Leaders of powerful countries commit horrific crimes but not only do they get away with them, they are also celebrated as heroes, says Dr Mahathir Mohamad.
These powers, he added, urged other nations to apply the rule of law if they wanted to be democrats like them.
“If we don’t, then we might be replaced through regime change or be arrested, tried and jailed for a hundred years.
“Truly we are living in a world devoted to fairness and justice, a world where full legal process would be instituted against us because we are weak.
“Only the weak would be punished; the strong would be celebrated as heroes for committing the same crimes,” said the former premier in his latest blog posting.
Mahathir said this was akin to what teachers told students in the past, which was “do as I told you but don’t do as I do”.
And the response to this, he added, would be that Umno was much worse.
Since his ties soured with his former heir apparent Anwar Ibrahim in 1998, Mahathir had often accused his former deputy and now opposition leader of being backed by the US.
In the aftermath of the Bersih 3.0 rally, Mahathir had claimed that it was an attempt to topple the government.
Speculation had always been rife that Mahathir found the prospect of the Anwar-led Pakatan Rakyat storming into federal power unnerving as it could see him being investigated and hauled to court over a string of allegations ranging from corruption to abuse of power during his 22 years in office.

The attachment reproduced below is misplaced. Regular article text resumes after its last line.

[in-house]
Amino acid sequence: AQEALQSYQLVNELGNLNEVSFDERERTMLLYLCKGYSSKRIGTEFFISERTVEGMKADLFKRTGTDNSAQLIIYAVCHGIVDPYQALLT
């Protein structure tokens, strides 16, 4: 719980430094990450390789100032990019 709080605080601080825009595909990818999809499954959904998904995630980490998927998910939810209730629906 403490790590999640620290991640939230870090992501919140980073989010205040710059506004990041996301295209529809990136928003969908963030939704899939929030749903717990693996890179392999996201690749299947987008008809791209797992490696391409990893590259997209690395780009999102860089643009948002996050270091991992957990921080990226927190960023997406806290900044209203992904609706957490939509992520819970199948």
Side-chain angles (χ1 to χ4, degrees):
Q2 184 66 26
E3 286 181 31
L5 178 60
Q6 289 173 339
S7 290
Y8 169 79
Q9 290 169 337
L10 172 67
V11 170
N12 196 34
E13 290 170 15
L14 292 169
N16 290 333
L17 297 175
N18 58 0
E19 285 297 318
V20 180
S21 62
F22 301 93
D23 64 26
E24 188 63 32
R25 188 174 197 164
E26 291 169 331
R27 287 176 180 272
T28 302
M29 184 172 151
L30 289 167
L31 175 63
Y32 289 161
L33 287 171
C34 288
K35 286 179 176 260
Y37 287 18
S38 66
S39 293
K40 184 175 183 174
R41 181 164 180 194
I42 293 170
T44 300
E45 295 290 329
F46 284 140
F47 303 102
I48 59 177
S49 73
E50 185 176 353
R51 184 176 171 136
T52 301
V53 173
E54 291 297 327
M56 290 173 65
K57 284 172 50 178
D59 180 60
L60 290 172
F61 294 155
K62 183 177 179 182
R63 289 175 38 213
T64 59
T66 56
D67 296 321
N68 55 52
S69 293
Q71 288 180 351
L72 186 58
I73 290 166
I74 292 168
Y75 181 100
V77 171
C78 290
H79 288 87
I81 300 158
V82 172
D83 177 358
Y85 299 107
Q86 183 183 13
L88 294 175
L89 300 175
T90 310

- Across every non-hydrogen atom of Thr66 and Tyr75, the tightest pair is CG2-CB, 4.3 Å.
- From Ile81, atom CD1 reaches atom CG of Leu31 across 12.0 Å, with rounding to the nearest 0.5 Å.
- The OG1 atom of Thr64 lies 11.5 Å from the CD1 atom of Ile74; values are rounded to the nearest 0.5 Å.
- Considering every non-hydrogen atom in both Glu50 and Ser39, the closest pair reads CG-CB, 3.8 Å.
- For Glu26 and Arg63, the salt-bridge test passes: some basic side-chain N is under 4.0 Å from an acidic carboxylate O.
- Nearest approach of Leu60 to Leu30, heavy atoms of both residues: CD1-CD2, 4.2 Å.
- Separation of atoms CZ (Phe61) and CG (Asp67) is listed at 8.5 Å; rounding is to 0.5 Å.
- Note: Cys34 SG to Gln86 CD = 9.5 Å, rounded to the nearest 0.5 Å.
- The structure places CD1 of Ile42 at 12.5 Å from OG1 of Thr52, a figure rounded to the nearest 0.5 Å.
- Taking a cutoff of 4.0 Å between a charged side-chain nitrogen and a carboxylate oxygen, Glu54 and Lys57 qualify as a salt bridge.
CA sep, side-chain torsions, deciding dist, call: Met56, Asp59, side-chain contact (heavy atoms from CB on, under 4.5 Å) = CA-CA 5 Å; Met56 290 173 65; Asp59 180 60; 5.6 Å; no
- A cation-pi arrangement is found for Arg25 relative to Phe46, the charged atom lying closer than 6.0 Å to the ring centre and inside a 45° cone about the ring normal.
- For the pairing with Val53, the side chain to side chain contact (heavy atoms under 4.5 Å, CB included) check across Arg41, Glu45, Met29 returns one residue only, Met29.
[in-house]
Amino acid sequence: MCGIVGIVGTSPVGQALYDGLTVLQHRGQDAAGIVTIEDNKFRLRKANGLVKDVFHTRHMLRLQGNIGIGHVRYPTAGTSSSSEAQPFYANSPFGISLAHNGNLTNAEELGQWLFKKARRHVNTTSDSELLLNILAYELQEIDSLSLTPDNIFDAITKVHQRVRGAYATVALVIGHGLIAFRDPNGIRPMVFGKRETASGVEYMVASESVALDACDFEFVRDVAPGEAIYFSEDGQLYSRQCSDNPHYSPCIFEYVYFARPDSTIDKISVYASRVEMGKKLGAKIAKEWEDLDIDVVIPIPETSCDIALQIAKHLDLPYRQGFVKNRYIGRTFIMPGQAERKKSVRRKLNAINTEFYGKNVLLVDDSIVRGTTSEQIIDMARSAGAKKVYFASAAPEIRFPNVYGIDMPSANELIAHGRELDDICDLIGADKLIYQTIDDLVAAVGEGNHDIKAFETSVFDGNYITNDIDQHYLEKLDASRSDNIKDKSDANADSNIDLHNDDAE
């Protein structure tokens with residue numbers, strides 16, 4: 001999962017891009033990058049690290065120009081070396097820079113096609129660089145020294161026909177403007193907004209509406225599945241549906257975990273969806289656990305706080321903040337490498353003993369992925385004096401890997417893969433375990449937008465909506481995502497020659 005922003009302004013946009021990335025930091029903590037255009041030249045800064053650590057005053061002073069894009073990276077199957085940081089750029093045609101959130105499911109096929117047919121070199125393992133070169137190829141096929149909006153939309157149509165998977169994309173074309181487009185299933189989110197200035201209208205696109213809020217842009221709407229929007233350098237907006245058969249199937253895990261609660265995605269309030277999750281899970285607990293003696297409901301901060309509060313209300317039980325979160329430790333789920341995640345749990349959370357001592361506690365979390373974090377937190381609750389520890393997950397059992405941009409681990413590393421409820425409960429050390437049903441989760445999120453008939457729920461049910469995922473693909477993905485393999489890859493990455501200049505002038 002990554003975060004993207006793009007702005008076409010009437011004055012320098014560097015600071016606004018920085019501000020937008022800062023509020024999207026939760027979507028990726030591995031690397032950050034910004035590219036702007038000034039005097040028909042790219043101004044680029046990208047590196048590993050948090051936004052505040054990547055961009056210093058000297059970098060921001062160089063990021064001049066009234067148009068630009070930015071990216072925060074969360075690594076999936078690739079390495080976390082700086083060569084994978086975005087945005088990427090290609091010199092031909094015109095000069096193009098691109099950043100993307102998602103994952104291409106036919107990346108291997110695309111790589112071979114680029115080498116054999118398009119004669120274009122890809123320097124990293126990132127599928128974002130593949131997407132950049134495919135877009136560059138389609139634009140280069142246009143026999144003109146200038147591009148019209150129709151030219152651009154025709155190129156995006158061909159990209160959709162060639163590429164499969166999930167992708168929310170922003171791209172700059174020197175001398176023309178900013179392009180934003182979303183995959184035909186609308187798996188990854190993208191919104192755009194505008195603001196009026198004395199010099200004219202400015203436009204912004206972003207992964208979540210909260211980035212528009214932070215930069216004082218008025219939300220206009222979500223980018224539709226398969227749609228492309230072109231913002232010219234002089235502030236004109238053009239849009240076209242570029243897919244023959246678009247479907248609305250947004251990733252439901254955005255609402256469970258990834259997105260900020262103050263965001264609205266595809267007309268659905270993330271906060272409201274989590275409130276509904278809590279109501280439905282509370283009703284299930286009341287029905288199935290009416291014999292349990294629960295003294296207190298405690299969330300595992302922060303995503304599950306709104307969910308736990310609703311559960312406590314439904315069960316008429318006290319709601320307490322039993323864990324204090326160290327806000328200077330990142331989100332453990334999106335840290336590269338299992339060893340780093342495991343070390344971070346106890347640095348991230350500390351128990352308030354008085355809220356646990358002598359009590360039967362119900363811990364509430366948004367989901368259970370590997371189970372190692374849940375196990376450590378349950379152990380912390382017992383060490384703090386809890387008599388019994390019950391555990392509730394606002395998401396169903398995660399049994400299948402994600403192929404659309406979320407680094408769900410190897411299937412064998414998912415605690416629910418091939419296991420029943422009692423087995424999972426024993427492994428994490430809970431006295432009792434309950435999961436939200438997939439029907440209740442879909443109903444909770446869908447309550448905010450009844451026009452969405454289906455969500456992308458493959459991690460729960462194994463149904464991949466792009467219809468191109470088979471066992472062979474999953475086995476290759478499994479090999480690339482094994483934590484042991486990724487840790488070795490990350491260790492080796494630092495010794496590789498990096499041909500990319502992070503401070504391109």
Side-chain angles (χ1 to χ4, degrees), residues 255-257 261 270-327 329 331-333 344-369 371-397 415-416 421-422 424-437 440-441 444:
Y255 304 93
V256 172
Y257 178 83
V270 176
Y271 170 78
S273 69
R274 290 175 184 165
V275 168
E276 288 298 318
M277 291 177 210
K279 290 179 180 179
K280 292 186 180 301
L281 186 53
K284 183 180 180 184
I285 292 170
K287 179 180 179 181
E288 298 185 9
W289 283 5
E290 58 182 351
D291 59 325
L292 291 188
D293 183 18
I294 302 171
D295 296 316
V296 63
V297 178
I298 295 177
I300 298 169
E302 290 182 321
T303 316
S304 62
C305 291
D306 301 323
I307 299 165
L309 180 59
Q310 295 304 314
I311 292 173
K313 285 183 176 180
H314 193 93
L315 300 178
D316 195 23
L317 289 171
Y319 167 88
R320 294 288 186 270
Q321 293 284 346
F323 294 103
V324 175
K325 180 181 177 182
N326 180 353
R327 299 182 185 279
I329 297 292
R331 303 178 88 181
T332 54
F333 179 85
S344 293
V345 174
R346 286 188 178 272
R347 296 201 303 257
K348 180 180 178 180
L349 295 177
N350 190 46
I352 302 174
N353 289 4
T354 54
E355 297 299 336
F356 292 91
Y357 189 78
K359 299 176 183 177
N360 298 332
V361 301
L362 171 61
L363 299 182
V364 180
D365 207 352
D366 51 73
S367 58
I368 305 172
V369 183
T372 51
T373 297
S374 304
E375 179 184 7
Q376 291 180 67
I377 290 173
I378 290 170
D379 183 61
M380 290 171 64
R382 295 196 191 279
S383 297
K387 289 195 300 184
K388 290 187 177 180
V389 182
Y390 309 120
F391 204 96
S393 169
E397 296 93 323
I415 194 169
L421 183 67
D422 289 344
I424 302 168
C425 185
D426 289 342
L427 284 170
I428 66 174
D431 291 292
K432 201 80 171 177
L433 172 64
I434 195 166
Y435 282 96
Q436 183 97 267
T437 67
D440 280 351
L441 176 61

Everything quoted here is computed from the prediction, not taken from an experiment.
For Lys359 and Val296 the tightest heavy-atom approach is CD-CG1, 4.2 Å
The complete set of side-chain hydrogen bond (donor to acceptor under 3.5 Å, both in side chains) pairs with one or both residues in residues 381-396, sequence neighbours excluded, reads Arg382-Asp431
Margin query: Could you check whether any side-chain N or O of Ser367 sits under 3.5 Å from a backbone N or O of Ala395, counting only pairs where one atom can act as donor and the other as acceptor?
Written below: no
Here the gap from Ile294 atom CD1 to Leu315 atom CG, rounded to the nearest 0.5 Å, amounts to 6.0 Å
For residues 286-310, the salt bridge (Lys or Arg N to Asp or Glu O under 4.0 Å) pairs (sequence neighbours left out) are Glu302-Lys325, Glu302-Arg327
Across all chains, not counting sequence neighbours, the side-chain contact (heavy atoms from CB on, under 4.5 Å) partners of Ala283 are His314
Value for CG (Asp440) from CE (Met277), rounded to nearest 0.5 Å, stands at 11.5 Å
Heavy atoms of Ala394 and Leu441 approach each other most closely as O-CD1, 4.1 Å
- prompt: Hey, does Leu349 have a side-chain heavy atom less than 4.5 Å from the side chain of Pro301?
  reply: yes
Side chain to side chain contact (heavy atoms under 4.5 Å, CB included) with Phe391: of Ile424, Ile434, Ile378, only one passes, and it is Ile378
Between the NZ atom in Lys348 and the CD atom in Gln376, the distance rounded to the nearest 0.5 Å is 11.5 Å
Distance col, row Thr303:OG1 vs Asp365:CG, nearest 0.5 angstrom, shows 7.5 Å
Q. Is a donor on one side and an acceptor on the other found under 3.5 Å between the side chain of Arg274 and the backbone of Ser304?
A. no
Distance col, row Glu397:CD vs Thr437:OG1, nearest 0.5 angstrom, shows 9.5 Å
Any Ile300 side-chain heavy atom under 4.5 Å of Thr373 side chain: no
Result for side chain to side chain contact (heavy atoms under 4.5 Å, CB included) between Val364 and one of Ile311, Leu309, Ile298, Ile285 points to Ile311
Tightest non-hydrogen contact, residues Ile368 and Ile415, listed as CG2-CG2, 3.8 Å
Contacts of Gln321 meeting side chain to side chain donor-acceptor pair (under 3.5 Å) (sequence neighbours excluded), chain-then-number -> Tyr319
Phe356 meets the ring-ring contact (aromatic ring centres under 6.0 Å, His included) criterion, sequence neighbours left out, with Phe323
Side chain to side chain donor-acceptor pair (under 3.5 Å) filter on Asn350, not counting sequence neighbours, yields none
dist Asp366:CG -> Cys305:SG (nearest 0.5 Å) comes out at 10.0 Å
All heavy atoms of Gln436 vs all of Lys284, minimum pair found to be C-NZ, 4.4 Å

The 84-year-old statement’s latest posting was prompted by the 50-year jail sentence imposed on former Liberian president Charles Taylor in the Hague.
“He is 64 years old and 50 years really means a life sentence for him. The prosecution was disappointed as they had asked for 80 years.
“I suppose the prosecution expected him to be discharged at the end of 80 years when he would be 144 years old! He must live to that age so he could suffer fully for his crimes,” he said.
Conceding that Taylor was guilty of inhumane crimes, Mahathir, however, said that leaders of powerful countries cannot be arrested and tried, not even when their war crimes were much worse.
“These leaders starved new-born babies, deprived them of medicine, and exposed them to depleted uranium until half-a-million of them died in Iraq. As (former US secretary of state) Madeline Albright said, it was worth it.
“Leaders of powerful nations who had set up the International Criminal Court, who formulated the laws governing wars, who tried war criminals and sentenced them to death; leaders of powerful countries were privileged, were above the very laws they formulated.
“No! They were actually heroes and their pictures were put up in the Presidential Palace with proper ceremonies, so the nation would always remember them for their bravery in killing babies and potential terrorists,” he added.